• broadening of the hips
  • monthly bleeding

In both cases, puberty blockers will temporarily stop or limit:

  • growth in height
  • development of sex drive
  • impulsive, rebellious, irritable or risk-taking behaviour
  • accumulation of calcium in the bones
  • fertility
Are puberty blockers safe? 

The Trans Youth Can! website states that “these treatments are generally considered safe” however there is little research or evidence to support this claim.

The Endocrine Society Clinical Practice Guideline published in November, 2017 is also very short on evidence. Of the Endocrine Society guidelines, Dr William Malone, Endocrinologist notes:

The document relies on a single, uncontrolled study to justify treating gender dysphoric youth with puberty blockers and cross-sex hormones. The sections detailing puberty blockade and cross-sex hormones provide “suggestions”, not recommendations, based on “low quality” evidence. 

Dr William Malone, Endocrinologist

The major problem with the single study used to justify gender-affirming hormone treatment is the absence of a control group. A number of factors could have affected the results, including participation in intensive monthly therapy sessions. As a result, useful conclusions from the study are limited.

Longer term studies, such as the UK’s 5 year Tavistock puberty blocker treatment study showed that psychological well-being does not necessarily improve after a regime of puberty blockers and cross-sex hormones. Normal development of bone density was also discovered to be severely impaired.

Michael Biggs, Professor of Sociology at Oxford University published a detailed review of the study results and contributed several analyses to the UK group Transgender Trend. These analyses pointed out inconsistencies in the findings being reported, alarming omissions and obfuscating presentations of the data. This analysis eventually resulted in the UK study of puberty blockers being pulled into the spotlight of a parliamentary ordered review.

The UK Health Research Authority published the results of their investigation in October of this year and stated:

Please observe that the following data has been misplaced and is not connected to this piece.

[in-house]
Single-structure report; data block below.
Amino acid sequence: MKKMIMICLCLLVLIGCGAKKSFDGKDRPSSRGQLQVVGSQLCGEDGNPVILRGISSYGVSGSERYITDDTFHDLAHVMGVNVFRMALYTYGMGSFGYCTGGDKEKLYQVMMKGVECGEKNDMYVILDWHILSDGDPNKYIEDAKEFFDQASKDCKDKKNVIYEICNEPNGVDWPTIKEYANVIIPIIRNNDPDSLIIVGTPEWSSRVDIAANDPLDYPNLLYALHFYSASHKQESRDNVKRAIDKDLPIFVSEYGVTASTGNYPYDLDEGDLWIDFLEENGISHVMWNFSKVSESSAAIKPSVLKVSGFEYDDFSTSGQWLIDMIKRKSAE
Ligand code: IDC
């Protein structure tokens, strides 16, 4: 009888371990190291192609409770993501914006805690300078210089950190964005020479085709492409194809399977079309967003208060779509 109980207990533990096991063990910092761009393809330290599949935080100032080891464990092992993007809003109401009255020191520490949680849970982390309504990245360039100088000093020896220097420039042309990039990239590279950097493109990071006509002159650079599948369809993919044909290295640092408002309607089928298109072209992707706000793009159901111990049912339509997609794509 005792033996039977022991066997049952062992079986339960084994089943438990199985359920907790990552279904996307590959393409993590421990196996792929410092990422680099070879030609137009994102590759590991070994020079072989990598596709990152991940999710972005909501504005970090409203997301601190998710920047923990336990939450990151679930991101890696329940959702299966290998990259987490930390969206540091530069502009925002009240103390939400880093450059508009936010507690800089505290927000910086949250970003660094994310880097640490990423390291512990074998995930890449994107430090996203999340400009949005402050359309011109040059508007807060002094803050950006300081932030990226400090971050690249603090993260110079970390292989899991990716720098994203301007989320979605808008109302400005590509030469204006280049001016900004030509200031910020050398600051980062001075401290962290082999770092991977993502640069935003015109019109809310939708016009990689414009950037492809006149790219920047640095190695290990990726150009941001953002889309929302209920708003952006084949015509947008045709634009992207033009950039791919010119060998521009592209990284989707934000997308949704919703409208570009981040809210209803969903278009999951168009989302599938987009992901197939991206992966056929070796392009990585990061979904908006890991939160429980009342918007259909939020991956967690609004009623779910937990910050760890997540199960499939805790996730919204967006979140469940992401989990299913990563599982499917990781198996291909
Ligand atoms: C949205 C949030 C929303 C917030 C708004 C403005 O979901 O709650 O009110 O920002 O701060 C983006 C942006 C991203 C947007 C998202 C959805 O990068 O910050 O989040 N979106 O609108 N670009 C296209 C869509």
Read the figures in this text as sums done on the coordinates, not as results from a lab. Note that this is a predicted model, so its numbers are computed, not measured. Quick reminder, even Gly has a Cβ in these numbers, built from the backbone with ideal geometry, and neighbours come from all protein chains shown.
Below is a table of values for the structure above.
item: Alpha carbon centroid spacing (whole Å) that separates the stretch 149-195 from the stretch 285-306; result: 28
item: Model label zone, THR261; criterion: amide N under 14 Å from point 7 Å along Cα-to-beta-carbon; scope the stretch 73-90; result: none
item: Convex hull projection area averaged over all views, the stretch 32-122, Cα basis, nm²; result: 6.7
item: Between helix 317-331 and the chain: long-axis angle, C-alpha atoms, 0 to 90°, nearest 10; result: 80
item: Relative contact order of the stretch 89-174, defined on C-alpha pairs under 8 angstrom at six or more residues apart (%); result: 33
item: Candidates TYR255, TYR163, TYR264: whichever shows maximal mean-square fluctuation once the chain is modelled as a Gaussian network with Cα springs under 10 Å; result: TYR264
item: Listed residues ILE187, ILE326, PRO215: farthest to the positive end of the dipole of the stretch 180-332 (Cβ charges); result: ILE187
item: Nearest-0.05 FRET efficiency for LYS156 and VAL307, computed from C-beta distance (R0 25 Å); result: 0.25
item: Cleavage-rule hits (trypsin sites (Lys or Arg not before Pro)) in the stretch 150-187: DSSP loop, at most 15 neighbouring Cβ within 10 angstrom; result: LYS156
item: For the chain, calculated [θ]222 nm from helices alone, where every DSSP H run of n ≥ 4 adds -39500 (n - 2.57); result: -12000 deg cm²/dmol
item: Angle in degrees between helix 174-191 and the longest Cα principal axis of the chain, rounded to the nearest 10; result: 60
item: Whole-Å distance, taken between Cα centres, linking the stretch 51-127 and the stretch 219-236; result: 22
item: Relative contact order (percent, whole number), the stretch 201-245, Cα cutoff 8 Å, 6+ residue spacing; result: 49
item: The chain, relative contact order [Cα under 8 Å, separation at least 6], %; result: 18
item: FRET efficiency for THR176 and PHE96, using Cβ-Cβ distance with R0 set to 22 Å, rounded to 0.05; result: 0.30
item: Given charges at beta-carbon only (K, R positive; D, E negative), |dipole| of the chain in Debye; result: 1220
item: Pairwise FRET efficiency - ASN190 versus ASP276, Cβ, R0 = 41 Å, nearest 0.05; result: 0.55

It would have reduced confusion if the purpose of the treatment had been described as being offered specifically to children demonstrating a strong and persistent gender identity dysphoria at an early stage in puberty, such that the suppression of puberty would allow subsequent cross-sex hormone treatment without the need to surgically reverse or otherwise mask the unwanted physical effects of puberty in the birth gender. 

UK Health Research Authority

This was an admission that the initial goal of evaluating the impact on persistence and desistence rates that was outlined in the study protocol was never fulfilled. In fact, all participants in the study who started on puberty blockers proceeded to cross-sex hormones.

How should Puberty Blocker treatment be described?

A very important recommendation of the UK Health Research Authority is with respect to the characterization of the use of puberty blockers. Patients and their parents who are making a decision to begin an irreversible medical pathway that results in infertility and the requirement of a lifetime of medicalization need accurate information. “Researchers and clinical staff should consider carefully the terms that they use in describing treatments e.g. avoid referring to puberty suppression as providing a “breathing space”, to avoid risk of misunderstanding.”, the HRA stated in their review.

It is our position that there is a significant level of misinformation being communicated by Canadian health authorities with respect to the intent and safety of medical interventions such as puberty blockers. Almost any information source on the use of puberty blockers in Canada from provincial health systems or organizations such as Rainbow Health Ontario states that puberty blockers are used to create a “pause” and are safe and fully reversible.

The effects of puberty blockers are fully reversible. If you decide to stop taking them, your body will go through puberty just the way it would have if you had not taken puberty blockers at all.

TransCare BC Provincial Health Authority

Available evidence indicates that children who begin puberty suppression are very likely to continue with cross-sex hormones and will require invasive surgical procedures to provide artificial means of sexual functioning. Infertility is guaranteed.